We aimed to determine the genetic relatedness between Staphylococcus epidermidis colonizing breast milk (BM) and BM-fed neonates during the first month of life.
S. epidermidis was isolated from the stool and skin swabs of 20 healthy term and 49 preterm neonates hospitalized in the neonatal intensive care unit and from the BM of mothers once a week and typed by multilocus variable-number tandem-repeat analysis. Virulence-related genes were determined by PCR.
The gut (95%) and skin (100%) of term neonates were colonized with strains genetically similar to those in BM and carrying mecA and IS256 at low rate (both <6.7%). In preterm neonates, colonization with strains genetically similar to those in BM was low on the skin (34.7%) and in the gut in the first week of life (14.3%), but the prevalence of mecA (>90.6%) and IS256 (>61.7%) was high. By the fourth week, in the gut of preterm neonates the prevalence of mecA (73.8%) and IS256 (18.4%) decreased, but colonization with strains genetically similar to those in BM increased (83.7%).
During early life, the skin and gut of preterm neonates is colonized with S. epidermidis that is distinct from strains found in BM, but gradually the gut is enriched with strains genetically similar to those in BM, as in term neonates.
Coagulase-negative staphylococci (CoNS), particularly Staphylococcus epidermidis, are common colonizers of the neonatal skin and gut, but also of breast milk (BM) in mothers (1, 2). However, we recently showed that S. epidermidis strains in the BM of mothers of preterm neonates differ from those causing late-onset sepsis (LOS) in terms of lower prevalence of mecA, ica-operon, and IS256 (3). Therefore, the protective effect of BM on LOS has been hypothesized to be partially attributable to the introduction of less-pathogenic strains that could outcompete more virulent ones in the gut (4). However, the genetic similarity of CoNS strains colonizing the BM and neonatal gut has been demonstrated only in term neonates (2, 5) and not in preterm neonates.
CoNS are also the most common causative agents of LOS in preterm neonates (6). Although staphylococci are considered to enter the bloodstream from the skin through intravascular catheters, the latter are absent in one-third of LOS cases (7). Recent studies demonstrating the presence of subsequently invasive strains in the gut prior to the onset of LOS (4) suggest that translocation from the gut could be another cause of LOS due to CoNS. Moreover, LOS episodes in preterm neonates due to pathogens in unpasteurized BM, such as S. aureus (8), have been reported. We recently demonstrated that mothers of preterm neonates may acquire more pathogenic CoNS strains into their BM (3), thus potentially being a source of subsequently invasive CoNS. Although there could be multiple different sources of LOS caused by CoNS, no studies simultaneously comparing colonizing and LOS-causing strains in preterm neonates have been performed.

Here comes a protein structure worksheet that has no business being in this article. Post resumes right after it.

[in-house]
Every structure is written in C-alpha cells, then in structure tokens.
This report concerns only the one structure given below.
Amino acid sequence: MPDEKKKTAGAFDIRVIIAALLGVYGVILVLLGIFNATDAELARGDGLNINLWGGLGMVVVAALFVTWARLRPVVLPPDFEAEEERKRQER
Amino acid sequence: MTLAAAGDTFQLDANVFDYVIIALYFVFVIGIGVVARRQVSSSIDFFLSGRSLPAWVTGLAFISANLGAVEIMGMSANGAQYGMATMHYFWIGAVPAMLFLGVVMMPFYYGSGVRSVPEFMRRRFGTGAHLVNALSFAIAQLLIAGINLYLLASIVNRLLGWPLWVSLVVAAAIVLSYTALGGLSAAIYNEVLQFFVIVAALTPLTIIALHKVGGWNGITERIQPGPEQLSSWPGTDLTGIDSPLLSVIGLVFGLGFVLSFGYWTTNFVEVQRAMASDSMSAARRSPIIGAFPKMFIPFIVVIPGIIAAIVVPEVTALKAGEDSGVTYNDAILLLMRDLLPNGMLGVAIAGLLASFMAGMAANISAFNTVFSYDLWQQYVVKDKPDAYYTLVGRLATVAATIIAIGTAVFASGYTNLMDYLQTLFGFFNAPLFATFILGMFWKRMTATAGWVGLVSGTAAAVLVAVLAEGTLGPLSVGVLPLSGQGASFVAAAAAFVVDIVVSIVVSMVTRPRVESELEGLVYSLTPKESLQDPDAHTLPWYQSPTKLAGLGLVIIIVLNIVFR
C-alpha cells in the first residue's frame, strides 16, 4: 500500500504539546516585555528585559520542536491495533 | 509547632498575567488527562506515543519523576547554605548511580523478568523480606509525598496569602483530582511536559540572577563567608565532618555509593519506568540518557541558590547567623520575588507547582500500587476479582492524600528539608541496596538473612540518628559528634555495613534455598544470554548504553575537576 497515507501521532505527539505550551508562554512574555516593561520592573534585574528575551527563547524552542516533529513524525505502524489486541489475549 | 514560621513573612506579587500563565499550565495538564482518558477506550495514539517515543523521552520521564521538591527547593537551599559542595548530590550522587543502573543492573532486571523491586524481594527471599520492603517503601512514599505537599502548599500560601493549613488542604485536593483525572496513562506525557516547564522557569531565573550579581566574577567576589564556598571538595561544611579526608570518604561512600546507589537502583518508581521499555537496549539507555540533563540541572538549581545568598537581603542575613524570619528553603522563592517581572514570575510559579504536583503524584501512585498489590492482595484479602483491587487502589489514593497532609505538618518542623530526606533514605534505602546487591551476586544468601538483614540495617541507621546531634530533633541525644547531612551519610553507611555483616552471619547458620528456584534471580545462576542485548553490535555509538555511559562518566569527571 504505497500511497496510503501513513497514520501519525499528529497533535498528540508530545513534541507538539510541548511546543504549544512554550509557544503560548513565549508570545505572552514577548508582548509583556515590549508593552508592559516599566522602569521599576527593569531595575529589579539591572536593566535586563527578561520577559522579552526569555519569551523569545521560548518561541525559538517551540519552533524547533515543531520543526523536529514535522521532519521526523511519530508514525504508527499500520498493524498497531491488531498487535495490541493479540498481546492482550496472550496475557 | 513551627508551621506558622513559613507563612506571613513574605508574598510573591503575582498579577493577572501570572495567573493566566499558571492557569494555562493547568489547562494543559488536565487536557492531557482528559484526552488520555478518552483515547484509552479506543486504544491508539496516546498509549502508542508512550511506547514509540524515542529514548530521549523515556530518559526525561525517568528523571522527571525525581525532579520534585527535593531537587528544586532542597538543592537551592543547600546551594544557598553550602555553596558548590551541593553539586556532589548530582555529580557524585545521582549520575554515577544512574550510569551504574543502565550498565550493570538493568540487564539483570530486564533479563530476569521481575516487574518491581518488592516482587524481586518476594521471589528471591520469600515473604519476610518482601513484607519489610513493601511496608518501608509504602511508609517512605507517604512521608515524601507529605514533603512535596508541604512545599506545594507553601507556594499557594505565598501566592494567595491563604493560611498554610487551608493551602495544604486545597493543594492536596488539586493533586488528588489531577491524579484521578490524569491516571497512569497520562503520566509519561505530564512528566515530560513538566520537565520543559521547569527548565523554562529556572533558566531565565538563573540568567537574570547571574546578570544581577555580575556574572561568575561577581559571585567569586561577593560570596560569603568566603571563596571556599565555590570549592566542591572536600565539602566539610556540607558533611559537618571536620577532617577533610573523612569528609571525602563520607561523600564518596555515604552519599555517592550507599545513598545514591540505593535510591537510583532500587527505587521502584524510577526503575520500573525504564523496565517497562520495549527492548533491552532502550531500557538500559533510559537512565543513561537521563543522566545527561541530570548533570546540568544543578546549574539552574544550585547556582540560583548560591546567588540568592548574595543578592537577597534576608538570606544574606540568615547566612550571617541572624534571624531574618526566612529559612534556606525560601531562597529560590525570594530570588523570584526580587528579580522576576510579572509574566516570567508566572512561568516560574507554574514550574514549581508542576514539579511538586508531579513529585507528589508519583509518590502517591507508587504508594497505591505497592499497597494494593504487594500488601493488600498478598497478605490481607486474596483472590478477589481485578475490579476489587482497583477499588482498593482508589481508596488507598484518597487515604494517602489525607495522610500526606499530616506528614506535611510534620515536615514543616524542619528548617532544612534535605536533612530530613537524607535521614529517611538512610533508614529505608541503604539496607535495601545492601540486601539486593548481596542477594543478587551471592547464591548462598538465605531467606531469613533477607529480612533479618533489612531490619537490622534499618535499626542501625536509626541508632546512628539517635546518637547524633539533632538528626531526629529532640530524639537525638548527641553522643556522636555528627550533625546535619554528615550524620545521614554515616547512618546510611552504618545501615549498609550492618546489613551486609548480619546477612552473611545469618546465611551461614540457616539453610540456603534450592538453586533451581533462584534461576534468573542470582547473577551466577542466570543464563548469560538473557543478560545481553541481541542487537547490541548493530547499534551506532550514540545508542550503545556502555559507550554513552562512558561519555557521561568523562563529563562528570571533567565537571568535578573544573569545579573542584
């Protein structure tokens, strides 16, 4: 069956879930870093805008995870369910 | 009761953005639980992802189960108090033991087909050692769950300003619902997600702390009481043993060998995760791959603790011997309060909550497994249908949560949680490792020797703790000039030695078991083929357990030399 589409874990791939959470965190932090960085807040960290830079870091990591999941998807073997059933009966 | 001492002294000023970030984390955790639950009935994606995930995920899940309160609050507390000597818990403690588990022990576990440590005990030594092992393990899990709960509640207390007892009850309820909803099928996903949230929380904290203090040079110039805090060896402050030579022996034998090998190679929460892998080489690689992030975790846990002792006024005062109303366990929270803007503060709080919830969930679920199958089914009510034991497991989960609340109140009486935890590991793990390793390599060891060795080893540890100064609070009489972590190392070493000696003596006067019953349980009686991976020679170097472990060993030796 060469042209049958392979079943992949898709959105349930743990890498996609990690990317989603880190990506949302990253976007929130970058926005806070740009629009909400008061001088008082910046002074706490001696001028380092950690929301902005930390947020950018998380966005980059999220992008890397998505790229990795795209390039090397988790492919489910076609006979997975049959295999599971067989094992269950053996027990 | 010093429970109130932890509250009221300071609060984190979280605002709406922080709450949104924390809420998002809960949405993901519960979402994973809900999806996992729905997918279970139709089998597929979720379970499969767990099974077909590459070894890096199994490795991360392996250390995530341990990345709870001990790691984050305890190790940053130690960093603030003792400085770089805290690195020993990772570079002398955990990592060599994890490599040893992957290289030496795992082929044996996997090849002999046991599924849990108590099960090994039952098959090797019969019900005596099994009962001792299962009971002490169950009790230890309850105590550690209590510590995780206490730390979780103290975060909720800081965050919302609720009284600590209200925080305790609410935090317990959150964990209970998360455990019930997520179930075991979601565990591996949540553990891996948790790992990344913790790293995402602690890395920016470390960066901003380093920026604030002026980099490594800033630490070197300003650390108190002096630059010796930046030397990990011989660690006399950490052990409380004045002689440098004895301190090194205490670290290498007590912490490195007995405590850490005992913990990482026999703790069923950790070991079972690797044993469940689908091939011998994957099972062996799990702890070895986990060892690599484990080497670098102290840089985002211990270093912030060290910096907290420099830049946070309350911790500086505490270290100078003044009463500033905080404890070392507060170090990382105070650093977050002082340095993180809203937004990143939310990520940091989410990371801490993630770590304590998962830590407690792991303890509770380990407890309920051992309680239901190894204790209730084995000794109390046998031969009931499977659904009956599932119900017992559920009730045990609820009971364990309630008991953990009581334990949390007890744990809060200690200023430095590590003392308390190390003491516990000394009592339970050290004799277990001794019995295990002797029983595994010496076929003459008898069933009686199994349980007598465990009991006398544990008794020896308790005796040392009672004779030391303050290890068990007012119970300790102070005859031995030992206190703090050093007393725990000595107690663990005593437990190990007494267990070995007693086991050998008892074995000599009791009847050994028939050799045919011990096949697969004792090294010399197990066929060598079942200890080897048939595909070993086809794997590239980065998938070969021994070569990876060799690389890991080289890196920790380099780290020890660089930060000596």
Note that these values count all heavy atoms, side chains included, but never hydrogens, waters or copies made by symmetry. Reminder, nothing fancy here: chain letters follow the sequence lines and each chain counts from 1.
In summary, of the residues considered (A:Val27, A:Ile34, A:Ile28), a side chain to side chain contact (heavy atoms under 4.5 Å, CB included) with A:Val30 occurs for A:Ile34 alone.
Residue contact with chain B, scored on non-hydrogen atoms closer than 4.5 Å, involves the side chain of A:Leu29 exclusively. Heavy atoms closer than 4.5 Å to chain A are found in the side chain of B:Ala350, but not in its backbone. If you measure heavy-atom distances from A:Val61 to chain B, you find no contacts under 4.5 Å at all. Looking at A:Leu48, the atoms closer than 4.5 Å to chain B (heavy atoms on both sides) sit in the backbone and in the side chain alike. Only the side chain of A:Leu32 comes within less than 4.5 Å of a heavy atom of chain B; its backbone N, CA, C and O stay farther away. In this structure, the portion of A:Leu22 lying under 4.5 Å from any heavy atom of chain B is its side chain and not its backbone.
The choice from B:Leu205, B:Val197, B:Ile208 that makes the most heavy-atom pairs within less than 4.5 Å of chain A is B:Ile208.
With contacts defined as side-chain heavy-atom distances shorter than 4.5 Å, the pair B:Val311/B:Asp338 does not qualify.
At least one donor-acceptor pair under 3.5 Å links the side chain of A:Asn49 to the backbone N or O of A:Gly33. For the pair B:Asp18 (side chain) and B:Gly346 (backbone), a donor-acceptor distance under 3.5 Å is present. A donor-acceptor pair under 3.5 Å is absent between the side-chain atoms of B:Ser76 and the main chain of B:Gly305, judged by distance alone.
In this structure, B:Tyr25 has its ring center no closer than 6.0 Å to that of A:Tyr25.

We aimed to describe the role of mother’s own BM on colonization of the gut and skin of preterm and term neonates by evaluating the genetic relatedness and the presence of virulence- and resistance-related genes of S. epidermidis in different body sites.
Between January 2014 and December 2015, we recruited preterm neonates (gestational age (GA) <37 weeks) and their mothers if feeding with the mother’s own unpasteurized BM was initiated within the first week of life, from the third-level neonatal intensive care units (NICUs) of Tallinn Children’s Hospital or Tartu University Hospital. Term neonates (GA ≥37 weeks, birth weight (BW) ≥2,500 g) and their mothers were eligible if the neonate was exclusively breast-fed, the mother had not been hospitalized and had not received antibacterial agents between 3 months prior to and 1 month after delivery, and both were healthy. The use of probiotics was not allowed in the study participants. Proven LOS caused by CoNS was diagnosed if after the first 72 h of life at least one clinical (apnea or bradycardia spells, increased oxygen requirement, hyper- or hypothermia, lethargy and hypotonia, feeding intolerance, abdominal distension, hypotension, skin and subcutaneous lesions such as petechial rash, abscesses, sclerema) and one laboratory criterion of sepsis (white blood cell count <5 or >20 × 109 cells/l; immature to total neutrophil ratio >0.2; platelet count <100 × 109 cells/l; C-reactive protein >15 mg/l) was present in addition to at least two blood cultures drawn no more than 48 h apart, positive for the same species of CoNS, or CoNS were isolated from one blood culture with adequate antibacterial treatment given for 5 days or more.